The failure of the media to get this is a reflection of corporate efforts to usurp professionalism that have been underway for nearly three decades now. The media and the medical profession were the first to succumb. The ascendancy of accountancy is another reflection of this trend. It is an effort to elevate actuarial and profit motive concerns above professional concerns of truth, justice and health for instance. Dean was campaigning on this theme in 2004 and this is one of the points of policy clarity that made him so threatening to the minders of the corporate media.

The legal profession has been one of the last bastions of professional independence, but the practices of the current administration with respect to the Department of Justice have intentionally targeted this independence. It is the same campaign designed to smear "trial lawyers" like Edwards, revamp the jurisidtional rules around credit engendered in the new bankruptcy bill and to limit the federal jurisdictions where class actions may originate. The corporate media is not outraged at the behaviour of Gonzales and Card because the corporate interest would expect the same thing from their own legal counsel irrespective of professional ethical concerns. Part and parcel to this are memes of plausible deniability, pretext and authority shell games that have devolved in defense of corporations away from accountability again in the spirit of maximizing the monterization of the society where professional goals serving individuals are sacrificed for the bottom line and the accrual of power to the executive class. It is the Enron game.

There is some glimmer of hope that there are some lawyers left, who though belatedly, are standing up against the temptation to sacrifice their duty to the rule of law for expedient positions advocated my administration principles that disregard the rule and serve merely political interests. This rings of tyranny, no? The existence of an objectivity of standard is the mark of legal professionalism. Inherent in legal professionalism is the right to make a good faith argument for a change in law or interpretation. To pursue arbitrary purposes using sophistry and disengenuous rhetorical trops of misdirection, suborning undue influence, and failing to as governmental lawyers to exercise the quasi-judicial functions of an office with stict adherence to existing standards misses the professional mark severely.

The question then is how to get the genie back in the bottle. With Democratic presidential front runners seduced by the power the executive now exercises, the courts yet engaged, and the majority in Congress slim one can only hope that the professions and the population find ways to reassert independence in the face of the tyrannical instinct now so fully gripping the imagination of our both our politicians and the media.

The ultimate risk is the slow creep toward a control economy that in many ways must motivate any push toward a "permanent majority."


Yes, I often return to your point--that they need to get Gonzales gone, but they also need to get him gone in such a way as to be able to dictate successors. Schumer has already named Comey as one person he'd find acceptable (you think). And I do believe he's throwing nukes now to get there.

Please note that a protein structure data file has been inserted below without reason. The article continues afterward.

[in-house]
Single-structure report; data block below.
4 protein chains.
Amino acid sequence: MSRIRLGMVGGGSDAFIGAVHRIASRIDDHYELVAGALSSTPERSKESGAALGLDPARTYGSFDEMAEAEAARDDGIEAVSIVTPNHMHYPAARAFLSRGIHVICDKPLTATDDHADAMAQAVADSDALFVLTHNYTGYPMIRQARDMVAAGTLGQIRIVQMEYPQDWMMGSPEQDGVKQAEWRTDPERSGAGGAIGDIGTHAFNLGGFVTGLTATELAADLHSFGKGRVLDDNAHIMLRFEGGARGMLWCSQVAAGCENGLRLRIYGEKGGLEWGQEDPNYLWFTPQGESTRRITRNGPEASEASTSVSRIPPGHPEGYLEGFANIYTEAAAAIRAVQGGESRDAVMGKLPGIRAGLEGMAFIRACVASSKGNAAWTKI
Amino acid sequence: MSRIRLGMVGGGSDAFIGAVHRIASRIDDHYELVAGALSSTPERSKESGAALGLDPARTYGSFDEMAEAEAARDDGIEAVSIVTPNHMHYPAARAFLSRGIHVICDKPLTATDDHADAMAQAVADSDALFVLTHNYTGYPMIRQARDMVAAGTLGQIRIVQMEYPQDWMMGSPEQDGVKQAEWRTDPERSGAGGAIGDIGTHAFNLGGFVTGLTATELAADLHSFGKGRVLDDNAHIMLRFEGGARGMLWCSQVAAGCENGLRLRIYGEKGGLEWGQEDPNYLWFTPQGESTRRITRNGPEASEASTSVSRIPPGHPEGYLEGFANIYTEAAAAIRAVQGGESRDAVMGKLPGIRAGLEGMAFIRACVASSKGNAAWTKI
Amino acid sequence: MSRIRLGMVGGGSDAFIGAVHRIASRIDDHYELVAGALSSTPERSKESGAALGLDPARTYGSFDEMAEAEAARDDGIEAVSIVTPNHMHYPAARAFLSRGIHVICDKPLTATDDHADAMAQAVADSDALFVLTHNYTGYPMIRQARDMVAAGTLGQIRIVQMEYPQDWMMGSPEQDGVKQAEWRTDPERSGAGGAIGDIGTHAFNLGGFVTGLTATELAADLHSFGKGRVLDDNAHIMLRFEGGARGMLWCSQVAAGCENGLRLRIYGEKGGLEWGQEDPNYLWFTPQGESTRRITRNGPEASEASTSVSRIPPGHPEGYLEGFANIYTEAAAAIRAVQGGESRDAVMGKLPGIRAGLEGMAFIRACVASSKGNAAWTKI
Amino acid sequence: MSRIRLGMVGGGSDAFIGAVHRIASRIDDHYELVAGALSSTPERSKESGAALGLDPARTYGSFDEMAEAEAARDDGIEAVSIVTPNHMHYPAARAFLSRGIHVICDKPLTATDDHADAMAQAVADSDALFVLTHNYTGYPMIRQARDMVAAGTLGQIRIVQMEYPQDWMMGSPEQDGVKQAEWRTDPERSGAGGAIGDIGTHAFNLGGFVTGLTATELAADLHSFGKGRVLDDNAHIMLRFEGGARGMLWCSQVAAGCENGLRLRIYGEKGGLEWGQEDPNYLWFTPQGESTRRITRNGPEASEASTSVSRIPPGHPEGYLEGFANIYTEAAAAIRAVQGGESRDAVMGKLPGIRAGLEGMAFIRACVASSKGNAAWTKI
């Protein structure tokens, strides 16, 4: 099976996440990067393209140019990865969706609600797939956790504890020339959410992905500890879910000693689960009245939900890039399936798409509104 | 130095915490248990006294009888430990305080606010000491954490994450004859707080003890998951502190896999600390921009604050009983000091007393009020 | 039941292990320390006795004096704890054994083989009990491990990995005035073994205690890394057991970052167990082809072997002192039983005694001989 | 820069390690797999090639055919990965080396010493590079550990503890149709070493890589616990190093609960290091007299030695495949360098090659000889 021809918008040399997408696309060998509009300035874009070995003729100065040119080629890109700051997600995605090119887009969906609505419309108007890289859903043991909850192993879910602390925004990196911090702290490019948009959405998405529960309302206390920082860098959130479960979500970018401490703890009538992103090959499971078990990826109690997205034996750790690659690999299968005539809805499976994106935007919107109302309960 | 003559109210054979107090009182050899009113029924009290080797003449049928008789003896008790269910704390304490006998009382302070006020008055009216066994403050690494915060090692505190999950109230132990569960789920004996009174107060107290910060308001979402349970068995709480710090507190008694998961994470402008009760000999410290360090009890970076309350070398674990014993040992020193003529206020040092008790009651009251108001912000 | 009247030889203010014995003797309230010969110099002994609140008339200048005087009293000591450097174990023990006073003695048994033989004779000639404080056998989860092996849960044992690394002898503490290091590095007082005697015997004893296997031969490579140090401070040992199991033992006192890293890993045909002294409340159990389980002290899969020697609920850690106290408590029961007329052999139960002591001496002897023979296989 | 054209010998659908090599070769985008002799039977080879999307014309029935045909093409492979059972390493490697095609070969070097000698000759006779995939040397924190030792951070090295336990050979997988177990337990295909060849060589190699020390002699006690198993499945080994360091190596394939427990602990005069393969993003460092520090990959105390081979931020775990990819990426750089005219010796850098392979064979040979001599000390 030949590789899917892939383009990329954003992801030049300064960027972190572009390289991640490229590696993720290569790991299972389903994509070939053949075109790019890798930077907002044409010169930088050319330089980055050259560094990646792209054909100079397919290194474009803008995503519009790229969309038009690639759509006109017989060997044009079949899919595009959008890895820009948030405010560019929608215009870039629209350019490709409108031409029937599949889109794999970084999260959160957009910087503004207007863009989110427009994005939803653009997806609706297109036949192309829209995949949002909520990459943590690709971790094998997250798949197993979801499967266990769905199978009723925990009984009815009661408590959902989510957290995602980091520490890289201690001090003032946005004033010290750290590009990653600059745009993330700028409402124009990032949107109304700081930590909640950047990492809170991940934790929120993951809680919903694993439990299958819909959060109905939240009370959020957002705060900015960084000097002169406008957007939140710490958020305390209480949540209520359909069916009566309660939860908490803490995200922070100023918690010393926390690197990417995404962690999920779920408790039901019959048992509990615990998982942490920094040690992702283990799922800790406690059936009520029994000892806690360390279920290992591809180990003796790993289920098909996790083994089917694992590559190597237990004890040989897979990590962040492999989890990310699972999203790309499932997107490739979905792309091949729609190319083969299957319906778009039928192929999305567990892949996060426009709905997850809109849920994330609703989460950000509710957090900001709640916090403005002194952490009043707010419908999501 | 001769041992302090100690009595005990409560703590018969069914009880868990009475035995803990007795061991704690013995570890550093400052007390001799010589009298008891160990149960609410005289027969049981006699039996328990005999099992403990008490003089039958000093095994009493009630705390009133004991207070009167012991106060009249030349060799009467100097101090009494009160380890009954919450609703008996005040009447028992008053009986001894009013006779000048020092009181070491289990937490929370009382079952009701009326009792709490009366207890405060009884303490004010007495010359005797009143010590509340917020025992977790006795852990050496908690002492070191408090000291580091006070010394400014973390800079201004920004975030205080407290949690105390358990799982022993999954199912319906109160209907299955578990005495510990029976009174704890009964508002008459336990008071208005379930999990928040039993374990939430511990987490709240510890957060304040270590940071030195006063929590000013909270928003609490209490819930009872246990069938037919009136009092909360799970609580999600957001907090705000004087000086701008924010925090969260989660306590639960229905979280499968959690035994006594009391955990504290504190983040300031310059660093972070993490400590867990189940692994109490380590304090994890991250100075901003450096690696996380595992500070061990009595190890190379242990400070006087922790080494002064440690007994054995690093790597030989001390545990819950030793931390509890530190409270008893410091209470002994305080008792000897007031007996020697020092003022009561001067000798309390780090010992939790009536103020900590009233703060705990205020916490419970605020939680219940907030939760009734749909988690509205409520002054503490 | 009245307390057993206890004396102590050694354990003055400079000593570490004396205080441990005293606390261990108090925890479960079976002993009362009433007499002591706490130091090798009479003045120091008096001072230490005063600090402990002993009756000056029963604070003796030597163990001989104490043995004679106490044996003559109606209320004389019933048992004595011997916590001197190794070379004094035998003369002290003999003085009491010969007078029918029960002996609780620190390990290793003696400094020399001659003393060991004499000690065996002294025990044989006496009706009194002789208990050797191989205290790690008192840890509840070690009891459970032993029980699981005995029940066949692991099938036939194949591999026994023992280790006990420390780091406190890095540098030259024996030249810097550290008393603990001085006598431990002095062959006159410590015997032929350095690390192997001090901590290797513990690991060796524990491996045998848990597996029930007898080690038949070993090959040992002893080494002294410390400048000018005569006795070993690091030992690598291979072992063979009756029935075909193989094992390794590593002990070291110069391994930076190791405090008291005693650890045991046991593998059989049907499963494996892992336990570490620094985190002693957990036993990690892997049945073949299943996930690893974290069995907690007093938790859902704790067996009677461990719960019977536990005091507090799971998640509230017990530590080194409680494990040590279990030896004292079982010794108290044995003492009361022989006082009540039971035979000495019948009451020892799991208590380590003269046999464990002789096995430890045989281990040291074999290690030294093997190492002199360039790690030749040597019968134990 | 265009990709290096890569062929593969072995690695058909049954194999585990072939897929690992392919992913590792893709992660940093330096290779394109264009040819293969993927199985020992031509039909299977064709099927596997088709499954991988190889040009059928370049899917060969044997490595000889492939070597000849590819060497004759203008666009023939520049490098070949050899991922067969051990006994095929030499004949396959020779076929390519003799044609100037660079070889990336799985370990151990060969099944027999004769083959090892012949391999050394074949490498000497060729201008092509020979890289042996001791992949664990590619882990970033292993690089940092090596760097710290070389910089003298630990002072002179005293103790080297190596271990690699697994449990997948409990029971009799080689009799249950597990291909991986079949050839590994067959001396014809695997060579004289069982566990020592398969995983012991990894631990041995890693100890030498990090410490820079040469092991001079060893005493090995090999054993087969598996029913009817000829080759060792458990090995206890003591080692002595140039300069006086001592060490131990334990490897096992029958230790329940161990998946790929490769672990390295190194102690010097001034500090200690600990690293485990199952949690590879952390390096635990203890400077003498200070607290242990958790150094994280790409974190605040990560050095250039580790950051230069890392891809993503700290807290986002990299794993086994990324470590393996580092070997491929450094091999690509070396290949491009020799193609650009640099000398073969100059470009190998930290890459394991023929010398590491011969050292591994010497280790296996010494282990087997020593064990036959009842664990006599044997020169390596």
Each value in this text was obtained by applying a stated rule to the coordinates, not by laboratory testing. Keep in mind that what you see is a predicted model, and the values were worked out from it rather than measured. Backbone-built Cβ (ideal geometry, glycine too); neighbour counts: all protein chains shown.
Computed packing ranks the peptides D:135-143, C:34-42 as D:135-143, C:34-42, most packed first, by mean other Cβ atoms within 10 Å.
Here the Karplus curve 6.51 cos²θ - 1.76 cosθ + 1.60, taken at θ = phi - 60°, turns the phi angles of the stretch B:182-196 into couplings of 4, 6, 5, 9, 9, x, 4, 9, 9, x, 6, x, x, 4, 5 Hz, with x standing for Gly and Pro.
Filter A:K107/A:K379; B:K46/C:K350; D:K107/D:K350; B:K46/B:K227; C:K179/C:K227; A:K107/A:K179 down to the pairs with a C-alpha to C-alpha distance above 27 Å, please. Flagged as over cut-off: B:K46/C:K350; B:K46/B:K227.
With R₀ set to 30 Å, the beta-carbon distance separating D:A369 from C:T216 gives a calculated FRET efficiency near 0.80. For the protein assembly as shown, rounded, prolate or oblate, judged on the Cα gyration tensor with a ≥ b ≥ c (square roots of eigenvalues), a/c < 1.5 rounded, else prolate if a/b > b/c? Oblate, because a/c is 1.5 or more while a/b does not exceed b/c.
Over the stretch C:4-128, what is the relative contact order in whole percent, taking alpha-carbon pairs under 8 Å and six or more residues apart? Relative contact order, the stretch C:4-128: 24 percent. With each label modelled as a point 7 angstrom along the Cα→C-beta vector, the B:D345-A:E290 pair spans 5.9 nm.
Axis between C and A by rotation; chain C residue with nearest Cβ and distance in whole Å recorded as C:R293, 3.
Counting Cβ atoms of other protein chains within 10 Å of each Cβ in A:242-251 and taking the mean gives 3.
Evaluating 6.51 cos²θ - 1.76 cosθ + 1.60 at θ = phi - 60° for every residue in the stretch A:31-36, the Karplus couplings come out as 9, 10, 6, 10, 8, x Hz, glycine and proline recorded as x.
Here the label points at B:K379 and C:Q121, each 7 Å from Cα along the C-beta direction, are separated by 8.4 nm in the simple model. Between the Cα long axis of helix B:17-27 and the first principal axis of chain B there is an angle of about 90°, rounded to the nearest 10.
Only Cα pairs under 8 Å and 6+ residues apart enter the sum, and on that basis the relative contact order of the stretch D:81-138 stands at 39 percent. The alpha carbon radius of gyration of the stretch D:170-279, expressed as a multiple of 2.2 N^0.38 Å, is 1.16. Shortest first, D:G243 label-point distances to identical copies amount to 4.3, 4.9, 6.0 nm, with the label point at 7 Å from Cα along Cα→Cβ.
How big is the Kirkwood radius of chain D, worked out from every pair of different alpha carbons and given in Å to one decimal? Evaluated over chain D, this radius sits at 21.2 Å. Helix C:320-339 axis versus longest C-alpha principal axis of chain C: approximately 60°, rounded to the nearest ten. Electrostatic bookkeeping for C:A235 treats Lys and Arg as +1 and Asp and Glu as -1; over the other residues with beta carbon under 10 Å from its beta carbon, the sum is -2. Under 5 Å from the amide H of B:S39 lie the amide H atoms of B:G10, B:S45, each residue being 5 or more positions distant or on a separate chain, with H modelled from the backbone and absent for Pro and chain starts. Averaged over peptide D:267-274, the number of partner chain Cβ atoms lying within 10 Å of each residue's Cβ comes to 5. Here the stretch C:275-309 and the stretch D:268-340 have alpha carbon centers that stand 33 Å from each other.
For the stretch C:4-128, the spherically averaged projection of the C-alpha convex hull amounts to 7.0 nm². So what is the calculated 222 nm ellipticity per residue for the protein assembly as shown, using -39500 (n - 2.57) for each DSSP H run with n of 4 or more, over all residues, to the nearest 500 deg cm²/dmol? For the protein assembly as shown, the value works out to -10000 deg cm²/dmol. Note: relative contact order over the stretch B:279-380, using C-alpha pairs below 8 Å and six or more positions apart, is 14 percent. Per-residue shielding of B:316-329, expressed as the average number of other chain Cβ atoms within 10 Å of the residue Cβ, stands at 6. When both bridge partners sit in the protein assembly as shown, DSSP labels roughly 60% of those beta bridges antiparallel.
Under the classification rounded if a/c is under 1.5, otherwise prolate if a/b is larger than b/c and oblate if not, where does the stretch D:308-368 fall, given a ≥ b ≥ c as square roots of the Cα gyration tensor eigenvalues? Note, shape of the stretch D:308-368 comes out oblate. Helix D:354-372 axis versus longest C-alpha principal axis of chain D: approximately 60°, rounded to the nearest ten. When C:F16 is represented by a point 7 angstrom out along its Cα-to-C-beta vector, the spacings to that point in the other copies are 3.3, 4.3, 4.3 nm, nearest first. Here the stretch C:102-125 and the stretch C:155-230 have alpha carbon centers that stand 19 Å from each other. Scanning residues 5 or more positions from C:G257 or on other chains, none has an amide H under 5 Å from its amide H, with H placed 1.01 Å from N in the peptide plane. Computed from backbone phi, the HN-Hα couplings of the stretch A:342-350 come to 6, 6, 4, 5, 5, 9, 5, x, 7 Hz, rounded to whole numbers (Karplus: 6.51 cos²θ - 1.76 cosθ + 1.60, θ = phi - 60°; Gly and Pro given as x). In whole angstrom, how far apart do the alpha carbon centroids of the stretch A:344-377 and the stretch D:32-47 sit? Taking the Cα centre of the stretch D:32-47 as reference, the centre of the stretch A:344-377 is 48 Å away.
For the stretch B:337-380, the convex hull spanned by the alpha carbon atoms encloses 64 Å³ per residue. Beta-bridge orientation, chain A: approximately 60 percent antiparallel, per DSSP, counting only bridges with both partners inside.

"Deliberative process privilege" is a privilege claimed by people in the Executive Branch to cover advice given to and discussions with the President (or Governor or other high official). The basis of the claim is that unless the decider gets advixe that will not be later revealed, s/he won't get the candid opinions of the advisors. It includes advisors who are not lawyers. But while the attorney-cleint privilege is based on the constitutional right to an attorney (the advice has to be confidential or the representation is undermined), the deliberative process privilege is made up and has had varying success. It has some reasonable basis, but usually the situations in which demands are made to know the advice given are where there is a strong suggestion that there was wrongdoing of some sort, and so the interest in getting to the bottom of the issue might outweigh the need for candid advice.

Am I the only one who has never heard of "deliberative priveledge"?

no, but you may be the only one who's ever spelled it like that!

so what is it anyway?

the stupid comb licking puss bucket just can't let go

Actually, MSNBC sez it's "breaking" taht he's about about to kick the puss bucket


Mimikatz, if I understand you correctly, it is identical to executive priviledge, or, rather, executive priviledge is an example of deliberative process priviledge? If so, I must say that I am struck by the way he is choosing his words, and wonder if he isn't trying to lay the basis (dumbing us down beforehand?) to expand the traditional meaning of executive priviledge.

Forgive me, I am almost incapable of remembering to spell-check posts. I blame it on Righteous Liberal Anger and laziness.

J. Thomason's point is well taken. There is (or sued to be) a difference between government and private lawyers. While private lawyers should give candid advice, too often they become facilitators for whatever illegalities their clients want to indulge in or have indulged in. This is not new--I remember my father saying that 50 years ago in reference to crooked businessmen.